The deals, which could have important geo-political consequences for the Middle East, could see Kurdistan export some 2 million barrels per day (bpd) of oil to world markets and at least 10 billion cubic meters per year of gas to Turkey.
Such a relationship would have been unthinkable just a few years ago, when Ankara enjoyed strong ties with Iraq’s central Baghdad government and was deep in a decades-long fight with Kurdish militants on its own soil.
But Turkey imports almost all of its energy needs and growing demand means it faces a ballooning deficit, making the resources over its southeastern border hard to ignore.
During a visit to Istanbul last week by Kurdistan Regional Government (KRG) prime minister Nechervan Barzani, both sides agreed on the fundamentals of the deals and mapped out technical details for a second oil pipeline and a gas route from Iraq’s north to Turkey, sources involved in the talks said.
“It is official and it is historic,” a source close to the deal said.” For years, Turkey has deliberately avoided getting involved in northern Iraq but now it is the beginning of a new period. It was a bold but a very necessary move.”
Turkey’s courtship of Iraqi Kurds has infuriated Baghdad—which claims sole authority to manage Iraqi oil and says Kurdish efforts towards oil independence could lead to the break-up of Iraq. It has also raised concern in Washington.
Under Iraq’s constitution, all oil export revenue goes through Baghdad. The autonomous Kurdish region is entitled to 17 percent of the total, a windfall that has helped it flourish as a prosperous oasis safe from the violence that consumed the rest of Iraq in the decade since a US-led invasion.
The Kurds say all of Iraq will benefit if they develop their region’s own resources. But Baghdad fears that if the Kurds obtain separate export capacity they will seek independence.
Turkey has repeatedly said it respects Baghdad’s sensitivities and will not take any steps that would further deepen the long-standing dispute between the Arab-led central government and the Kurdish-run enclave.
Kurdistan has struck deals with firms including US oil giant ExxonMobil, Chevron and Total as it seeks to develop its energy industry.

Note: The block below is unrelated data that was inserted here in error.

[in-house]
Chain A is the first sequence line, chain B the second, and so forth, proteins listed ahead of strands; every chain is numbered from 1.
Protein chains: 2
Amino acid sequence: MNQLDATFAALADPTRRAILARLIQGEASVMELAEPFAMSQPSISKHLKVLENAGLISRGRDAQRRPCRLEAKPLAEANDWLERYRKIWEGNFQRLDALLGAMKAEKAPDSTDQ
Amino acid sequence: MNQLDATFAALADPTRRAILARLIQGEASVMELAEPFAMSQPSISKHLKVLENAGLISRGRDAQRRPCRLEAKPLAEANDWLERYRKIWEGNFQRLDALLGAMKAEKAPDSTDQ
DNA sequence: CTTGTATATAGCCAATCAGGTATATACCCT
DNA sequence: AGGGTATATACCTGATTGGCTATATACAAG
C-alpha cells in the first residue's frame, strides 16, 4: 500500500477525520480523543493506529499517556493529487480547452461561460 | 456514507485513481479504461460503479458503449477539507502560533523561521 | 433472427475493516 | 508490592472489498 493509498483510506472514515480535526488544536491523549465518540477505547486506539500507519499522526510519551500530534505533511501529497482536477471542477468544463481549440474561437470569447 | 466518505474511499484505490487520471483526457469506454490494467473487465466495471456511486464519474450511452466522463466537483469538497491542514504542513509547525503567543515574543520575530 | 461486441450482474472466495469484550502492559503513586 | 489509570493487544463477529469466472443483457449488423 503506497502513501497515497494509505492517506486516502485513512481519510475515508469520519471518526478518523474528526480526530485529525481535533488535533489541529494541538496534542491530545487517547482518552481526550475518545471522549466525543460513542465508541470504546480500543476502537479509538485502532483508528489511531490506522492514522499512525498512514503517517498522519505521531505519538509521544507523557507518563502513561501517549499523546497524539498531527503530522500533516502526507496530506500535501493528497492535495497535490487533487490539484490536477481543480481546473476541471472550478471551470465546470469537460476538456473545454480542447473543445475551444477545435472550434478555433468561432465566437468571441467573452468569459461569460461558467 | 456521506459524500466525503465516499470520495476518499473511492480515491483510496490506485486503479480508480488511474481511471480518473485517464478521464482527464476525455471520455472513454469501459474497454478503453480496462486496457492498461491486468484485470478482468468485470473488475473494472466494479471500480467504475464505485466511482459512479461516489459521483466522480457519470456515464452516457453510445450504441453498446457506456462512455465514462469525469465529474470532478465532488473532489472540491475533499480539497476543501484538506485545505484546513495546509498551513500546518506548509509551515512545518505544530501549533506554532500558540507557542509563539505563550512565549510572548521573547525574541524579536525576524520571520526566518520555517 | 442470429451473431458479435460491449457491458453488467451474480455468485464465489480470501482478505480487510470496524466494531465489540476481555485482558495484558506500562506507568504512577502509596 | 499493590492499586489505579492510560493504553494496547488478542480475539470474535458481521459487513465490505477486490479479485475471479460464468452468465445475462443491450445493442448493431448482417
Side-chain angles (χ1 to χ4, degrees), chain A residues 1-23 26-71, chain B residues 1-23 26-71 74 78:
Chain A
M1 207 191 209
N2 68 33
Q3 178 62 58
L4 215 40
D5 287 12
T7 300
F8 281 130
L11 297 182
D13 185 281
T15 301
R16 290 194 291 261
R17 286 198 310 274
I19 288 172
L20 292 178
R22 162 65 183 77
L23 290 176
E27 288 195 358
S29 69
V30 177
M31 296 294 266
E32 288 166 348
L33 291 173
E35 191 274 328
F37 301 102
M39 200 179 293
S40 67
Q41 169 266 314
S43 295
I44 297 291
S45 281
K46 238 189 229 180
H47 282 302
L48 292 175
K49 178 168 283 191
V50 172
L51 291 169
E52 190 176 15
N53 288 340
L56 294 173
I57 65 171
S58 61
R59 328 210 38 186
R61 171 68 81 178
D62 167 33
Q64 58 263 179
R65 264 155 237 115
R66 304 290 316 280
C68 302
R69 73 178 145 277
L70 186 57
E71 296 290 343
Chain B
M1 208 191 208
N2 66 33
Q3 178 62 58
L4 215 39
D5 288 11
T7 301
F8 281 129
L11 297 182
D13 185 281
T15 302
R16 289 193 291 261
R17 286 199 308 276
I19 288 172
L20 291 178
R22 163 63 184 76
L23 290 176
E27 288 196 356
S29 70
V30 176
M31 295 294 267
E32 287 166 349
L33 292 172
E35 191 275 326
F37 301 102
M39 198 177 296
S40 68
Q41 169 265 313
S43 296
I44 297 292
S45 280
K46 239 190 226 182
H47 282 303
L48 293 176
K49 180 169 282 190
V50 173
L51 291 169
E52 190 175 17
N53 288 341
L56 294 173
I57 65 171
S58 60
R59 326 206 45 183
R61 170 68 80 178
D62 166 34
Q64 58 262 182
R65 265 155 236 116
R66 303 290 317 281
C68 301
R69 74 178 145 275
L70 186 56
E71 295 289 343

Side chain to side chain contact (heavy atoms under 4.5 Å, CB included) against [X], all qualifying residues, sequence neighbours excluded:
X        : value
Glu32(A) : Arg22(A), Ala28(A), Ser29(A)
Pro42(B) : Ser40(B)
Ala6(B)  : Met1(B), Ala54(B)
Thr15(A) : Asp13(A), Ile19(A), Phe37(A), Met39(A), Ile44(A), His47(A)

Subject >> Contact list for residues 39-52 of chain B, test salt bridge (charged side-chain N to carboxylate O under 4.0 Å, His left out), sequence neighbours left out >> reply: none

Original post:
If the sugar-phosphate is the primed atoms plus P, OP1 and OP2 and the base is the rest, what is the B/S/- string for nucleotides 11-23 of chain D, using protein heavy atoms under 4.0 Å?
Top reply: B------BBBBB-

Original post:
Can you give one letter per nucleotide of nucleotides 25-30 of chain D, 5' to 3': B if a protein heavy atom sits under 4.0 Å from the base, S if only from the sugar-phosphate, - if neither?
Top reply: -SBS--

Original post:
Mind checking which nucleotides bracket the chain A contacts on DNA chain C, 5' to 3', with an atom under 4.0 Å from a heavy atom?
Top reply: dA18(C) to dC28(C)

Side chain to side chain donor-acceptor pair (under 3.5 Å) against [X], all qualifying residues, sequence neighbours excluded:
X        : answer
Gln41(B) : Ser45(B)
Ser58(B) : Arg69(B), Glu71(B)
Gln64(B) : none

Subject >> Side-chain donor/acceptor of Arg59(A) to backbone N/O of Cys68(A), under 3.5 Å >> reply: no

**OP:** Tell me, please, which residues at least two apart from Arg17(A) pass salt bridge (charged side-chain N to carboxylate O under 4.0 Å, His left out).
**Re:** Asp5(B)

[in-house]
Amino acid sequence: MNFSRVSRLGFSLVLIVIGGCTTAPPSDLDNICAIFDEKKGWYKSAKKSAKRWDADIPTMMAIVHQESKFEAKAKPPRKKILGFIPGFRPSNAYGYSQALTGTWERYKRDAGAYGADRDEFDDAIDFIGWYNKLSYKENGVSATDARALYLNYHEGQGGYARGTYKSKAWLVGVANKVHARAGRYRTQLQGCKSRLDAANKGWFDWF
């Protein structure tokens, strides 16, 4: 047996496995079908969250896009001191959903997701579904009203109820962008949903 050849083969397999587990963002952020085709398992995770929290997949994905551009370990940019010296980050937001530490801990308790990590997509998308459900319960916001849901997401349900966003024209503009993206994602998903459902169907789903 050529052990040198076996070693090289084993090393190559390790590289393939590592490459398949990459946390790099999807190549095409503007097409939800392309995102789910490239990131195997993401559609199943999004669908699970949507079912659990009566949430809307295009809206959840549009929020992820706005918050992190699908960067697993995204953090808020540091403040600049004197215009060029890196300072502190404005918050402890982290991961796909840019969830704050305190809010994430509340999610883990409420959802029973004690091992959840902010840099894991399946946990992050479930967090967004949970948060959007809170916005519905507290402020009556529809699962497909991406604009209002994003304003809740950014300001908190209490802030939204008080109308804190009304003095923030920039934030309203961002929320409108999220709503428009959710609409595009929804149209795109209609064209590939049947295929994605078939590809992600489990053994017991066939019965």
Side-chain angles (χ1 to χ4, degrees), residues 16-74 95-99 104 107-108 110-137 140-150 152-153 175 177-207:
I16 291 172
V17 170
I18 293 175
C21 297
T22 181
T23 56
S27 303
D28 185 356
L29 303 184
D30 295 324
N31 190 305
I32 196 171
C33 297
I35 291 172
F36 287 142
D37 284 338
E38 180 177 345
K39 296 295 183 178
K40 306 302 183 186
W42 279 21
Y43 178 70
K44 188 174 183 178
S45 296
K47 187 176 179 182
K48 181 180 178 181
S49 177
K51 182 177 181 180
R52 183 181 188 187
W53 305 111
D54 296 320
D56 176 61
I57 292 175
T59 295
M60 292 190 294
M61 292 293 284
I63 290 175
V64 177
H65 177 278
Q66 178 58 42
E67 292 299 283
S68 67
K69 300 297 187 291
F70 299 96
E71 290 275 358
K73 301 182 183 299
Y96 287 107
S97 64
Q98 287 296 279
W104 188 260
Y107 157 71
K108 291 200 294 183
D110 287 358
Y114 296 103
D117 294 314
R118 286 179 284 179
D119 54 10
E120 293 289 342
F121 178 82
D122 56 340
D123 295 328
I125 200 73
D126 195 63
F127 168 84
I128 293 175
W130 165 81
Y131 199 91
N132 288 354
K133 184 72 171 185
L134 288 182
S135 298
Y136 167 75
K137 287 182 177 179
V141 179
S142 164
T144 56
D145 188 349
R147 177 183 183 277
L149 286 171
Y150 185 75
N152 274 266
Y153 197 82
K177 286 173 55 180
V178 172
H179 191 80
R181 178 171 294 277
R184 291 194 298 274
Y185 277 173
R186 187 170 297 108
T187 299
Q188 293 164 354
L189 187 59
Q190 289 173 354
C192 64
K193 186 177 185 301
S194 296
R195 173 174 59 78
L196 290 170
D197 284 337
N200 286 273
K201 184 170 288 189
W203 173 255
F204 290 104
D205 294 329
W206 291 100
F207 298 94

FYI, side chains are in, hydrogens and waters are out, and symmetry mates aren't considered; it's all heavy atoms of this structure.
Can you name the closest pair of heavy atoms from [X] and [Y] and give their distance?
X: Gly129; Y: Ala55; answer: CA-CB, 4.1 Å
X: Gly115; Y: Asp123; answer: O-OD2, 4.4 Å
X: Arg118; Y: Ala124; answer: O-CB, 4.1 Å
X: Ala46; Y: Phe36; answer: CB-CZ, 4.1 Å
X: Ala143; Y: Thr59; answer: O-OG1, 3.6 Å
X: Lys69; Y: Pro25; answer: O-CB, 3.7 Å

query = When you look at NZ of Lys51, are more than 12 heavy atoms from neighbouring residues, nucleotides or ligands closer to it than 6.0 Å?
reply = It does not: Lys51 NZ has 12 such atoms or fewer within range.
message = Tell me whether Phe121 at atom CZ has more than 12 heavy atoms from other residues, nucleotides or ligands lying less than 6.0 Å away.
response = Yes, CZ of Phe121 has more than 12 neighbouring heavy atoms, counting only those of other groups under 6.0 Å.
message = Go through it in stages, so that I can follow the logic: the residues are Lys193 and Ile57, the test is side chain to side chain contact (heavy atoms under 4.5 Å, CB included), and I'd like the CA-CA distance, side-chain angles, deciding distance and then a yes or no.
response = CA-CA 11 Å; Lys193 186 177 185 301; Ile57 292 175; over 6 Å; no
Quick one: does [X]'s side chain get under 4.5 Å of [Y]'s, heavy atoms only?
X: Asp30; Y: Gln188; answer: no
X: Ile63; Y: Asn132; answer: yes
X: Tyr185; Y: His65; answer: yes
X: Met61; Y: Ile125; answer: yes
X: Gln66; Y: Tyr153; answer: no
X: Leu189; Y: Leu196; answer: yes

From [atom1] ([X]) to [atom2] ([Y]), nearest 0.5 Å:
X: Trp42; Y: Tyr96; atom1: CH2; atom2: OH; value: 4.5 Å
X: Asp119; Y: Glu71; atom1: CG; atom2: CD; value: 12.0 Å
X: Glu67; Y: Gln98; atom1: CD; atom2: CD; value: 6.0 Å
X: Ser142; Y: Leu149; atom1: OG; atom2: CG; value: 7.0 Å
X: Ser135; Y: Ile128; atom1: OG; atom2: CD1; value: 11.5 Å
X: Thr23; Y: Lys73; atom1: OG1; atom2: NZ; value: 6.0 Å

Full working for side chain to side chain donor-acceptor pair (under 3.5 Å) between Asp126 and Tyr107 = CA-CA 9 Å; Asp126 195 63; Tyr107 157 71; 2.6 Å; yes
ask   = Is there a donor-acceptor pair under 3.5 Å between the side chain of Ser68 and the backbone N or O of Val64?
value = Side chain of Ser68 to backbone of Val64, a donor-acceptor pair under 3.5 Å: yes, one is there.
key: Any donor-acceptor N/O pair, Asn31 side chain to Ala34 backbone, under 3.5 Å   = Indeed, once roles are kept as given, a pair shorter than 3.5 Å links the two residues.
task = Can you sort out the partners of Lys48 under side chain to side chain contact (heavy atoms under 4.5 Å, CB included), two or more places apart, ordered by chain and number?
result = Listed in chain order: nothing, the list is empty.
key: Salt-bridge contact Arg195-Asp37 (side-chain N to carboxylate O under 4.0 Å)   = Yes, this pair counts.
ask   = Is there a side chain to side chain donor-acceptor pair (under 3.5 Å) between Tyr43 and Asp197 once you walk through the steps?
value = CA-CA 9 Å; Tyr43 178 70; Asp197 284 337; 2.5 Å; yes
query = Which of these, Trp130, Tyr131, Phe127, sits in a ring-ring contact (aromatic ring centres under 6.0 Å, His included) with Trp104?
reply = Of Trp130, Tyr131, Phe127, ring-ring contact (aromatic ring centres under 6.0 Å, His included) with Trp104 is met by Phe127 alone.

Ankara has set up the Turkish Energy Company (TEC), a state-backed entity which has struck partnership deals with Exxon and will be Turkey’s counterparty in dealings with Kurdistan.
A first KRG-sponsored oil pipeline, which is almost complete, will link up to an existing Iraq-Turkey pipeline and begin carrying Kurdistan’s oil to world markets from December, sources familiar with the project say.
The existing pipeline from Kirkuk to Turkey’s Mediterranean port of Ceyhan is currently carrying only a fraction of its 1.6 million barrels per day (bpd) capacity, and could in theory pump up to 700,000 bpd of Kurdistan’s oil.
But as Kurdish output grows, with several new fields coming online this year and next, a second pipeline will be needed.
“The second pipeline will be mainly for the heavy oil that will come from the northern fields. Taq Taq and Tawke crude is very high quality and blending the two grades would depreciate the value of both crudes,” the source close to the deal said.
Turkish state pipeline company Botas will be instrumental in building the second pipeline, a government source said. A private Turkish company is also interested in the project.
The new pipeline will have a capacity of at least 1 million bpd of crude oil, KRG natural resources minister Ashti Hawrami said in Istanbul last week. The exports will be metered independently, he said, inviting all parties including Baghdad to send auditors to observe the process.
Revenues will be paid into KRG accounts, a source familiar with the plans said. Hawrami has repeated the KRG’s readiness to send 83 percent of the income to Baghdad after deducting the autonomous region’s share. Baghdad views such plans as illegal.
“The KRG says this oil belongs to all Iraq and they are happy to share it. There is also a bit of a hope that the reality on the ground will force Baghdad to make a deal on this,” the source said.
While oil has been the focus of attention, Turkey’s interest in OPEC member Iraq is also due to its rich gas reserves.
Turkey is set to overtake Britain as Europe’s third biggest power consumer in a decade and is hostage to expensive Russian gas. It also buys natural gas from Azerbaijan and Iran and liquefied natural gas from Algeria but is looking to diversify.
With the new pipeline from Kurdistan, Turkey will be able to import at least 10 billion cubic meters (bcm) per year of Kurdish gas more cheaply than from current suppliers, sources said, with its total capacity potentially up to double that.
“Turkey’s existing infrastructure is almost ready for this tie-up. Northern Iraq will build its own pipeline, but Turkey could be instrumental here as well and Botas could play a role,” the government source said.
A gas purchasing agreement between TEC and Kurdistan is expected to be signed in December, sources familiar with the project said.
Construction of the pipeline and gas processing plants, anticipated to cost billions of dollars, could start next year, with the first flow of gas targeted for early 2017.
Anglo-Turkish firm Genel Energy, headed by former BP chief executive Tony Hayward, is expected to be the first company to export gas to Turkey from its Miran and Bina Bawi fields, which contain sour gas.
Shipping the natural gas to European markets through a link to the Azeri-controlled Trans-Anatolian natural gas pipeline (TANAP) is another option, a second government source said.